But perhaps the most notable occurrence of the night was the celebration that occurred in Philadelphia afterwards. Hundreds of thousands of fans took to the streets to raucously celebrate, celebrations that included the climbing and tearing down of lampposts and even the destruction of the awning outside the Ritz Carlton Hotel. In a more organized celebration, the Eagles victory parade will be held this Thursday.

In one of the most exciting and record-setting Super Bowls ever, the Philadelphia Eagles held on to win with a clutch defensive play in a game where defense was an afterthought. It was a fitting cap to a season of great resiliency for the Eagles, as they faced a slew of high-profile injuries. Ultimately, it will be a game remembered in Philadelphia sports folklore for years to come.

Why Does Everyone Hate the Patriots?

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I grew up 15 minutes from Gillette Stadium, home of the New England Patriots. Since I can remember, my giddiness on those Sunday afternoons was unmatched; fans from all over New England descended on Foxboro like a cult gathering. The highways around the stadium would be jam packed with cars; anyone and everyone knew not to get on the roads the day of a home game at Gillette. Since I could form my first memory, the Patriots were champions.  It all started in 2001, then 2003, 2004, 2015, and now 2017. With five Super Bowl titles and countless AFC championship appearances, we were, and consistently have been the best.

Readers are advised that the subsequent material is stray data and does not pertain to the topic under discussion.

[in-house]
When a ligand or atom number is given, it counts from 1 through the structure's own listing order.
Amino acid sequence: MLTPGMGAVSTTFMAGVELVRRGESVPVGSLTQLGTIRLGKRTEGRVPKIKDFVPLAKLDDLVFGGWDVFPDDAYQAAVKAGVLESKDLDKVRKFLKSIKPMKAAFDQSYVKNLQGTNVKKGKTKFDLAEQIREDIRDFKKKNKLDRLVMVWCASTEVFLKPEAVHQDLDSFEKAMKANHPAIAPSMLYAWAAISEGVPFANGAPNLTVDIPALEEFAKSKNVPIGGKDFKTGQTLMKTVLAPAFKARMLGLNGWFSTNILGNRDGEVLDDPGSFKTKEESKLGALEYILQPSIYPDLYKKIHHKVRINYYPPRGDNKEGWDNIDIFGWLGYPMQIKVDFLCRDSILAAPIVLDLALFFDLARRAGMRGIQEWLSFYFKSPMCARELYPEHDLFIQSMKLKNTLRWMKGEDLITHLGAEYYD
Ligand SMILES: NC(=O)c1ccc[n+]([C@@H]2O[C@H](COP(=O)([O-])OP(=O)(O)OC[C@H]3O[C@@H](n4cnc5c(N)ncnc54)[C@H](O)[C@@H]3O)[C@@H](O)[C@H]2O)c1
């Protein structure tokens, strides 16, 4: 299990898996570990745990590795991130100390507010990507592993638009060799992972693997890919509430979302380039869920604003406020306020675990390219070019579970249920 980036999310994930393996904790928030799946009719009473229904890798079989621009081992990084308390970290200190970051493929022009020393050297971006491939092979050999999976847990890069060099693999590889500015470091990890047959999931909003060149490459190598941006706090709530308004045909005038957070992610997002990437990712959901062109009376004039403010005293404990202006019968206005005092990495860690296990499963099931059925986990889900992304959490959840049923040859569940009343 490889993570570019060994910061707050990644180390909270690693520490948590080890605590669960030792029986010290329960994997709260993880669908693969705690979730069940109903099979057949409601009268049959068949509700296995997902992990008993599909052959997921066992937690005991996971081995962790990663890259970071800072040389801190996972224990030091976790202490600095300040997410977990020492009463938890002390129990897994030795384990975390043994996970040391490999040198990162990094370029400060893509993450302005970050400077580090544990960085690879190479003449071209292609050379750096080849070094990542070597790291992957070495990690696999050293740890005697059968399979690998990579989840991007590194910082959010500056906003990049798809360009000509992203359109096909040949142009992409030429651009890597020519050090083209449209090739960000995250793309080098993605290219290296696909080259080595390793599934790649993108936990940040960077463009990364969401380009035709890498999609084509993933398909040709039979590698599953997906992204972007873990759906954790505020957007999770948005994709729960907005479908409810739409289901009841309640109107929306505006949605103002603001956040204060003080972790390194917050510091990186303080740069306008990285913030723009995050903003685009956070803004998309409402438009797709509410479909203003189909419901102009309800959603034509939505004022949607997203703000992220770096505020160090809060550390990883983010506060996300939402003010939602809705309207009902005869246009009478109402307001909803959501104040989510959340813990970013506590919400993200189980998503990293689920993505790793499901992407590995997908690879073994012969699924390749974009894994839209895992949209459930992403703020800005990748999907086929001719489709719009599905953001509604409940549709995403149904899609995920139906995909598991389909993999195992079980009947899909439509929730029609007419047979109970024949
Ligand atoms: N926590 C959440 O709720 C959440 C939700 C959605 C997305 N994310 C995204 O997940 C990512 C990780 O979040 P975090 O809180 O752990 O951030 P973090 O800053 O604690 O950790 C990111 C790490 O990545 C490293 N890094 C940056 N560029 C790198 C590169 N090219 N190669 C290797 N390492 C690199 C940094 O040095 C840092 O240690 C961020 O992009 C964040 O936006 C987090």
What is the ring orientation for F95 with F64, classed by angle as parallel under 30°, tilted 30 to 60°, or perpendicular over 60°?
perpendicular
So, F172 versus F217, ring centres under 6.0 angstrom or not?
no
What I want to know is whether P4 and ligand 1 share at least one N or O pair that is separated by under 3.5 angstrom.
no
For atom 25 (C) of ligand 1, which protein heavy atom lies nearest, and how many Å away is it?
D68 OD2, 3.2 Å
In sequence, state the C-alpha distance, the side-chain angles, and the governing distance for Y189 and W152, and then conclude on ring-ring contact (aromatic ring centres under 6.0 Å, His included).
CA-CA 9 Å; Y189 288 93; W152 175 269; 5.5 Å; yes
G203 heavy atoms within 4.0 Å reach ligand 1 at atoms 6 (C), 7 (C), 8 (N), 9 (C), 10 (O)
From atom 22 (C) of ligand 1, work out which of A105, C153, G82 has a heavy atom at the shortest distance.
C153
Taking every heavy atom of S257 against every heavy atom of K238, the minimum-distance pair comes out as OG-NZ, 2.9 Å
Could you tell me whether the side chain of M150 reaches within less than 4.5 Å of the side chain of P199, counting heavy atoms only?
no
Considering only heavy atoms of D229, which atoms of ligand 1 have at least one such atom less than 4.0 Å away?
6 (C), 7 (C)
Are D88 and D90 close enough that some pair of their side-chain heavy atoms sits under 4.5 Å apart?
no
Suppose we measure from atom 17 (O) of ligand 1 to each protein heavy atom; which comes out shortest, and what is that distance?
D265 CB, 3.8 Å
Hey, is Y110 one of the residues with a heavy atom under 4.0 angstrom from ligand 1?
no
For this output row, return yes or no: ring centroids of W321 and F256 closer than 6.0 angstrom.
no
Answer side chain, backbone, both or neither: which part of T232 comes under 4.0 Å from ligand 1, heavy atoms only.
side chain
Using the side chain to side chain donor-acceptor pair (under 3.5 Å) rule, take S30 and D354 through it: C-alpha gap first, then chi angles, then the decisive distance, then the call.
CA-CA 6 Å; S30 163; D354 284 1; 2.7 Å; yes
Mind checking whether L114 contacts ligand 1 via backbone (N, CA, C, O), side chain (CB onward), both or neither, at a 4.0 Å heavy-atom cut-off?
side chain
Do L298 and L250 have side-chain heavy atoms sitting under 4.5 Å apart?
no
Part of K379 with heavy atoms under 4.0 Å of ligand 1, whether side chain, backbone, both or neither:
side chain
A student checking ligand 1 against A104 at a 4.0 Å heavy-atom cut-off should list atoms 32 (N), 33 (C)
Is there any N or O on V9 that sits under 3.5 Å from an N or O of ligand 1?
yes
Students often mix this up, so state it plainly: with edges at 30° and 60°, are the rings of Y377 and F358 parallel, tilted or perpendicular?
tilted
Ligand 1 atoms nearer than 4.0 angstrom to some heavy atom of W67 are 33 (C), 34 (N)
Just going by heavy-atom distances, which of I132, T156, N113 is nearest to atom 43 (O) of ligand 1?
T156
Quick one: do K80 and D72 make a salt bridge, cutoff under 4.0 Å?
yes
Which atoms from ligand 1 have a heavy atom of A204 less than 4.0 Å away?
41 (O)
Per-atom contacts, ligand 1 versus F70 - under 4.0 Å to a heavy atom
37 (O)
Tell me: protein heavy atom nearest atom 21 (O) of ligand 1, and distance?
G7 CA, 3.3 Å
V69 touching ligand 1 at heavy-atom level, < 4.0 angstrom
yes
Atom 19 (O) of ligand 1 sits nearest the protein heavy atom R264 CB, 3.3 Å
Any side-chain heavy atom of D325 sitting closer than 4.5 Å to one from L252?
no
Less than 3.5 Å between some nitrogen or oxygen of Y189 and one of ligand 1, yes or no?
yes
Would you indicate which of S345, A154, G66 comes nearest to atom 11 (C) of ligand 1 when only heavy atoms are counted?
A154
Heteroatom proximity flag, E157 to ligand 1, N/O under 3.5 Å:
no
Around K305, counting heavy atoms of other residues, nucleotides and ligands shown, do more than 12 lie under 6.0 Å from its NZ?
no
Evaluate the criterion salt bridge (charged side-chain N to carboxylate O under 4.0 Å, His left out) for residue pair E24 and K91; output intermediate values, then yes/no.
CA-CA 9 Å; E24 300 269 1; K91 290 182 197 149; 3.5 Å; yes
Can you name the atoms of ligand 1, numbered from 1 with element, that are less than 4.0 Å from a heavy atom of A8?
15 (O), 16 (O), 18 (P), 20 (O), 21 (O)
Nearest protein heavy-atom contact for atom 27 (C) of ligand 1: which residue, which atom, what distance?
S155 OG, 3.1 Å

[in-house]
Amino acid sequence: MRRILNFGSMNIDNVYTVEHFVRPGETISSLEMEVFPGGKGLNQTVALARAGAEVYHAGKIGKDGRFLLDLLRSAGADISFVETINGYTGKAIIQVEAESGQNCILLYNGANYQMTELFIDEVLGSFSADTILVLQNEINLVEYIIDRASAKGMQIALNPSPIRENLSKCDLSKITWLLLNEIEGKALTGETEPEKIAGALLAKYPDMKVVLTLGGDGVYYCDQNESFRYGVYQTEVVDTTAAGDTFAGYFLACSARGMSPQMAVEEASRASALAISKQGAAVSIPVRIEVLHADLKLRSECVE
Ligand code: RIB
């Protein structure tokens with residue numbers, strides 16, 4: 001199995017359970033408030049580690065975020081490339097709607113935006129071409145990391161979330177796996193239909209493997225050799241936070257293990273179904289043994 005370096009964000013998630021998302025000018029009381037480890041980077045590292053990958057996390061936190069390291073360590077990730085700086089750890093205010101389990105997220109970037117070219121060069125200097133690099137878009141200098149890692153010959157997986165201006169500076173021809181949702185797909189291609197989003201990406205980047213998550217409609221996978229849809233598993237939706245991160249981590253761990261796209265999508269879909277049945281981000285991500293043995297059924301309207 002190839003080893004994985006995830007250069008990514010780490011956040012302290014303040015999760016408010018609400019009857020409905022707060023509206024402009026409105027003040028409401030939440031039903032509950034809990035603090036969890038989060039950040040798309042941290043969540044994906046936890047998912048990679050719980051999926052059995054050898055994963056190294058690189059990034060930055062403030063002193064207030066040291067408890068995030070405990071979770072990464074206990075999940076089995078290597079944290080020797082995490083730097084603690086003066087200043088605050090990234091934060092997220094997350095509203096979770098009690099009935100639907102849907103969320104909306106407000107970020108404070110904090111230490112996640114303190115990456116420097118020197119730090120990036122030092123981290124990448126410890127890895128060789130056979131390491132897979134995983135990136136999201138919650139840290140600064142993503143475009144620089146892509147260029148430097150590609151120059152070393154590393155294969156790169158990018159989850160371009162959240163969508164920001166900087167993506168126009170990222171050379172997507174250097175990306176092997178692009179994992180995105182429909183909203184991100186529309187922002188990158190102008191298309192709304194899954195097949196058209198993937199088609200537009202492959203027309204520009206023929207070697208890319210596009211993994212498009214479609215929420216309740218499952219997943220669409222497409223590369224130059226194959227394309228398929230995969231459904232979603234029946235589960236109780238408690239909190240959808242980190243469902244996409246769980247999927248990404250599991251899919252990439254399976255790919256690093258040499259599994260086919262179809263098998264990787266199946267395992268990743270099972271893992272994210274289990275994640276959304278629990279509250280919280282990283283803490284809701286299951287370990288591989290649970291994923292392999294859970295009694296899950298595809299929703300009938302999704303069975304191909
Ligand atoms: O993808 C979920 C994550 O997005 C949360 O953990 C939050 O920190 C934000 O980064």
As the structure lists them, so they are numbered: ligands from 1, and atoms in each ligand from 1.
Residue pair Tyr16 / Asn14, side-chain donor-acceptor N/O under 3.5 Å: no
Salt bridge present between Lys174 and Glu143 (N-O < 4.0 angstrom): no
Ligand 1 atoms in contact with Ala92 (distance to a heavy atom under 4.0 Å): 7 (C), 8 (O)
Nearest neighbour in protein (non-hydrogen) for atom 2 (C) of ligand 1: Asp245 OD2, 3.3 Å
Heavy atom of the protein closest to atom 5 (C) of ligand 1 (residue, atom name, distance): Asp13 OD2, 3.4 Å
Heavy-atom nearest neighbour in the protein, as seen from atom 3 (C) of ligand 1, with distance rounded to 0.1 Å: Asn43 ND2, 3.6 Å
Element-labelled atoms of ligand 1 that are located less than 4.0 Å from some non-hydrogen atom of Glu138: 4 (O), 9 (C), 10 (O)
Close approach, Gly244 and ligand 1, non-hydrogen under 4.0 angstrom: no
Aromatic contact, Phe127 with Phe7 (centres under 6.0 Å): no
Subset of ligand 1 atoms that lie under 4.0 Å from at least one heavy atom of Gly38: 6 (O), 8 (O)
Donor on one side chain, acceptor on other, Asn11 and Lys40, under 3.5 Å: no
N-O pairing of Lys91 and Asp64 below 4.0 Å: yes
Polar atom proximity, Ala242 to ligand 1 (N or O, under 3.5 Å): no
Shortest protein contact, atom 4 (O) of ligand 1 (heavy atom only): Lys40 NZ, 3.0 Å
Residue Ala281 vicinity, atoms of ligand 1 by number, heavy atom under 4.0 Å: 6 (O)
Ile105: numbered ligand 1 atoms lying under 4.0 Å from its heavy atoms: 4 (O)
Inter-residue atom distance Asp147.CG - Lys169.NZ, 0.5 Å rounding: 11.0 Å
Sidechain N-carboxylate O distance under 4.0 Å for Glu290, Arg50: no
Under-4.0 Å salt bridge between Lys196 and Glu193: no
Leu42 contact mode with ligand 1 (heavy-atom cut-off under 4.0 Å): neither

My friends and I would play football at recess every day. I would be Randy Moss, the all-star wide receiver, my best friend Joe got to be Tom Brady, and everyone else would pick a player on the team to emulate according to the position they played. We were infatuated with all things Patriots. We collected everything from jerseys, hats, and memorabilia to our virtual players in Madden career mode.

Even though my dreams of running routes as a Patriots wide receiver in Gillette Stadium faded as I grew older, I never lost that Sunday gameday feeling. From the exuding confidence that dripped off of everything that Tom Brady touched, to the steely, arrogant countenance of Bill Belichick, the New England Patriots were the first sports team I truly loved.

As I packed for college, I made sure to bring my replica Patriots helmet, a present that my little brother had given to me for my 15th birthday. On the day that I left, I enthusiastically donned my Patriots t-shirt — a symbol to remind me that I would never forget my New England roots, no matter how much the allure of Philadelphia sports twisted at my heart.

During one of my very first days here, I remember having some friends over in my room. I had proudly set up my helmet on the top of my desk, where everyone walking into Willets 125 could see it. When my roommate Henry Han ’20 moved in, I remember distinctly him scoffing at the helmet.

“Dude, I can’t even describe how much I hate the Patriots. You guys suck.”

Although it was friendly banter, the comment really got me thinking. I had really lived in a Patriots bubble my entire life; my home friends, my family, my teachers, quite literally everyone I had any meaningful interactions with growing up had worshipped Brady and Co. Swarthmore was my first real experience meeting people who had genuine disdain for all things Patriots. I distinctly remember pondering the question, “Why do they hate us?”

I spoke with Max Rogow ’20, a lifelong Steelers fan and Pittsburgh native in hopes of getting an answer to this question.